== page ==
Connect with us

Politics

John Bolton back on the job, as President Trump weighs Syria options

Published

on

Last April, the Trump administration launched strikes on a Syrian-government airfield in retaliation for a brutal chemical attack on the town of Khan Sheikhoun.

Standing alongside Jordan’s King Abdullah II last year, Trump said that the chemical attack on Khan Sheikhoun crossed “a lot of lines for me.”

“When you kill innocent children, innocent babies, little babies with a chemical gas that is so lethal that people were shocked to hear what gas it was, that crosses many lines beyond the red line. Many, many lines,” he said.

Late Sunday, reports emerged of airstrikes at an airport in the Syrian city of Homs, leading many to believe that Trump had once again called for retaliation. However, the Pentagon was quick to dismiss the reports, saying the airstrikes were not conducted by the U.S. The Russian defense ministry said Monday that two Israeli F-15 jets were behind the strikes.

Where carefully crafted policies ideally precede public messaging, advisers now often scramble to reshape policy to catch up with the president’s tweets and public declarations.

Trump’s tendency to tweet his mind has blindsided advisers and, in some cases, complicated or even upended administration policy.

Bolton’s predecessor, Gen. H.R. McMaster, told participants at an international security conference in Germany in February that “the evidence is now incontrovertible” that Russia interfered in the U.S. presidential election.

Trump quickly — and publicly — called McMaster out for what he viewed as an incomplete message.

“General McMaster forgot to say that the results of the 2016 election were not impacted or changed by the Russians and that the only Collusion was between Russia and Crooked H, the DNC and the Dems,” Trump tweeted. “Remember the Dirty Dossier, Uranium, Speeches, Emails and the Podesta Company!”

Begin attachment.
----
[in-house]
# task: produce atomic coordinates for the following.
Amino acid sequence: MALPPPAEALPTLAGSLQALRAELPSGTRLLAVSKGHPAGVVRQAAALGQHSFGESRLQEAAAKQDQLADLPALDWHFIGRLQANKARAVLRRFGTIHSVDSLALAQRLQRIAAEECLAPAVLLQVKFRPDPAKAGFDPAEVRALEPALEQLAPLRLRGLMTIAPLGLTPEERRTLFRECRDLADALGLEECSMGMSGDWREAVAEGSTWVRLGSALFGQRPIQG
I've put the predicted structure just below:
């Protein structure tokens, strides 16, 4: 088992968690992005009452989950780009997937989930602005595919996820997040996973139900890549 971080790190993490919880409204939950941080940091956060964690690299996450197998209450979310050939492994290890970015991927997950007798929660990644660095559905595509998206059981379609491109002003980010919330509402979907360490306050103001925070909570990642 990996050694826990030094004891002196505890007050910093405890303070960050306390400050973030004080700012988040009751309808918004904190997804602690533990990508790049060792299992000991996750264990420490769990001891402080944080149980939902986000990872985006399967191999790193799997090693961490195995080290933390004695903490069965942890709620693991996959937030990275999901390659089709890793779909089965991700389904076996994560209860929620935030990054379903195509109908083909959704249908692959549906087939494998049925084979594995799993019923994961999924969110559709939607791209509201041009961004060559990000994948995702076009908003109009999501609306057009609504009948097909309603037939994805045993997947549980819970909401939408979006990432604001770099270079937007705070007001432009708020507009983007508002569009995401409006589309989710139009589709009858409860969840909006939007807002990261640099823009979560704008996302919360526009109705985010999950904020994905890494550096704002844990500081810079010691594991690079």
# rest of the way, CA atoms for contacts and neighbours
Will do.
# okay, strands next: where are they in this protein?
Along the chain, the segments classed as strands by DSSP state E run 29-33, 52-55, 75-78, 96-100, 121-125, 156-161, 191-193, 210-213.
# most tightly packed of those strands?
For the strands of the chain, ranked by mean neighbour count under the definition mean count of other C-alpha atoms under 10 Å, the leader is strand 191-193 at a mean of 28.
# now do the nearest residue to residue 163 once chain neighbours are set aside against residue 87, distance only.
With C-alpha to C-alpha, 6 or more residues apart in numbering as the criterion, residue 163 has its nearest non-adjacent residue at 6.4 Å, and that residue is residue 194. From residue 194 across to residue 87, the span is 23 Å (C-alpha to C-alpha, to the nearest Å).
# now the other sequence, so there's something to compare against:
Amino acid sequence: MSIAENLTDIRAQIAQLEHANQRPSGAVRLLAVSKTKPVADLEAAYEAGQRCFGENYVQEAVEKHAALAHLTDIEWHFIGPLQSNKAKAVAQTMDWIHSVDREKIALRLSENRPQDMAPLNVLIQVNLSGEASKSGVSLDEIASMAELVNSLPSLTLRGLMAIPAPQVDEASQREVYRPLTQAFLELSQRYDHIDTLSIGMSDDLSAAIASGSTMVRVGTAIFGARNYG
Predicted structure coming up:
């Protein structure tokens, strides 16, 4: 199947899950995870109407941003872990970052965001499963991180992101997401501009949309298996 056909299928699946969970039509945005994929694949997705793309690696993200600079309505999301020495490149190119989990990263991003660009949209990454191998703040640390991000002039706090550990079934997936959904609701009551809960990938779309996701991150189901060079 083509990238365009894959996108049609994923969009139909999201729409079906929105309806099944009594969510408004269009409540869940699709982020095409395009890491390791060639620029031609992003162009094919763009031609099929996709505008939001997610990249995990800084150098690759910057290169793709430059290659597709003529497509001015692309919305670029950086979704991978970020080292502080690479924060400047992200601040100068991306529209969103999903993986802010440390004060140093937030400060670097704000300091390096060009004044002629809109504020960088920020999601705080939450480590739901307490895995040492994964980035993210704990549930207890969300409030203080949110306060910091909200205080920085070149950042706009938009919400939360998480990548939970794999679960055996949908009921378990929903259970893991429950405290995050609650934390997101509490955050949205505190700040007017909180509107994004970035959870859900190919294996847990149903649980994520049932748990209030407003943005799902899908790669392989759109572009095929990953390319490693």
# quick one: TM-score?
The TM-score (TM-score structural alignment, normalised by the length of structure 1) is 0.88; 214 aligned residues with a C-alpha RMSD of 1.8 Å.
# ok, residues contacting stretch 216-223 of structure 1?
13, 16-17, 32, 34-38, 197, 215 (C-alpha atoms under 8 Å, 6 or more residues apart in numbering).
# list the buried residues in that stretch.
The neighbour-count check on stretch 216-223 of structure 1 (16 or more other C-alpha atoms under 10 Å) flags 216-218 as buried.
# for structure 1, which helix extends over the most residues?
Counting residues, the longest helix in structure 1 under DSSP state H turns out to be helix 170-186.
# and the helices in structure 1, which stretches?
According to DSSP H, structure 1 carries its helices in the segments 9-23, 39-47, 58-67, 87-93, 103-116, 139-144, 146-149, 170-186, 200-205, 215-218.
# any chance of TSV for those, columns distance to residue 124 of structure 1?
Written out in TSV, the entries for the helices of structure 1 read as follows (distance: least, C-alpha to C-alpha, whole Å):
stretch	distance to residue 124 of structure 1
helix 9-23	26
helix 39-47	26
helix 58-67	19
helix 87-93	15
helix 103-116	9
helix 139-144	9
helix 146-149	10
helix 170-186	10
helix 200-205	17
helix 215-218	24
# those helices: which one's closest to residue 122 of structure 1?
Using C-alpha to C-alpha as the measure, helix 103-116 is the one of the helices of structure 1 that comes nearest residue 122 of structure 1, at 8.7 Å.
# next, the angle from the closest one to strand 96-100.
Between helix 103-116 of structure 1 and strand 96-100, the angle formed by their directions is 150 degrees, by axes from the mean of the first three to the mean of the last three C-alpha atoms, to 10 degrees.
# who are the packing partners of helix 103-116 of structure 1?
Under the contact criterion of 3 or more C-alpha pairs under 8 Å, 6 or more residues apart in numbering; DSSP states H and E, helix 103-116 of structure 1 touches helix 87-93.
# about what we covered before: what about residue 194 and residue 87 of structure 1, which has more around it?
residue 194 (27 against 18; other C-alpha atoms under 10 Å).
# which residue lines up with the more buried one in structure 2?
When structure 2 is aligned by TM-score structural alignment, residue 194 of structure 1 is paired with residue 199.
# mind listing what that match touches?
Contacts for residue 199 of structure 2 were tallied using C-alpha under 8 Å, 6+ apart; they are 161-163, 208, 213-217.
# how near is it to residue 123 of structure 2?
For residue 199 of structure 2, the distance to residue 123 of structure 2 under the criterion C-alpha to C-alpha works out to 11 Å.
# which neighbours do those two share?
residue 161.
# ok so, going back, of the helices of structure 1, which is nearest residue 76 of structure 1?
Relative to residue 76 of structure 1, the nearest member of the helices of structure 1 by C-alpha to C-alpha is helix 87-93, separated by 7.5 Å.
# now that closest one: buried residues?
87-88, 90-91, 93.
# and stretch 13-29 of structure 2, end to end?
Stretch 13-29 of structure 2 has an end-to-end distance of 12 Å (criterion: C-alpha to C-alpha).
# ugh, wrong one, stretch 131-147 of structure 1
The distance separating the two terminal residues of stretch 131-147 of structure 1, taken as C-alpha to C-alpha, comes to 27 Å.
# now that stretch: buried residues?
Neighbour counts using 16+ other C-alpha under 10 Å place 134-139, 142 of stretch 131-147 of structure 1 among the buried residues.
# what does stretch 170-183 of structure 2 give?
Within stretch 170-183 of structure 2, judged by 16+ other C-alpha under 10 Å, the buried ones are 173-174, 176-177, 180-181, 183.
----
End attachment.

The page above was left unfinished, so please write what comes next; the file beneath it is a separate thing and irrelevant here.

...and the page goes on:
Bolton, who is also skeptical of Moscow, takes on the delicate balancing act of responding forcefully to Russian aggression around the world, while appeasing the president’s stated interest in warmer ties with Russia’s President Vladimir Putin or his efforts to defend the outcome of the U.S. presidential election.

But his most pressing task, as he met with other White House National Security Council principals after just hours on the job: helping to hammer out Syrian response options for a president who, just days ago, publicly pined for a speedy exit.

Source link

Politics

Biden, first lady release 2020 tax returns, continue ‘almost uninterrupted tradition’

Published

on

Despite the specter of an IRS audit, President Joe Biden and first lady Jill Biden on Monday released their 2020 tax returns.

The first couple made just over $600,000 in 2020, and paid $157,414 in federal income tax, the return shows. That’s a federal income tax rate of 25.9 percent.

The Bidens also paid $28,794 in income tax in their home state of Delaware, reported donating $30,704 to 10 different charities.

In a statement announcing their release, the White House said Biden was “continuing an almost uninterrupted tradition.” The statement noted that Biden has now released 23 years of his tax returns.

The disclosure marks the return of a tradition of presidents making their tax returns public, something every president since Richard Nixon had done until Biden’s predecessor, Donald Trump, took office.

Trump had said during the presidential campaign and after he won the White House that he couldn’t make his returns public because they were under audit. Trump said the IRS audit had spanned years and that he would release them when the audit is completed.

Presidents and vice presidents have been subjected to mandatory annual audits since the Watergate scandal, which culminated with Nixon’s resignation in 1974.

Earlier Monday, White House press secretary Jen Psaki was asked if Biden would hold off on releasing his returns if the audit was still underway.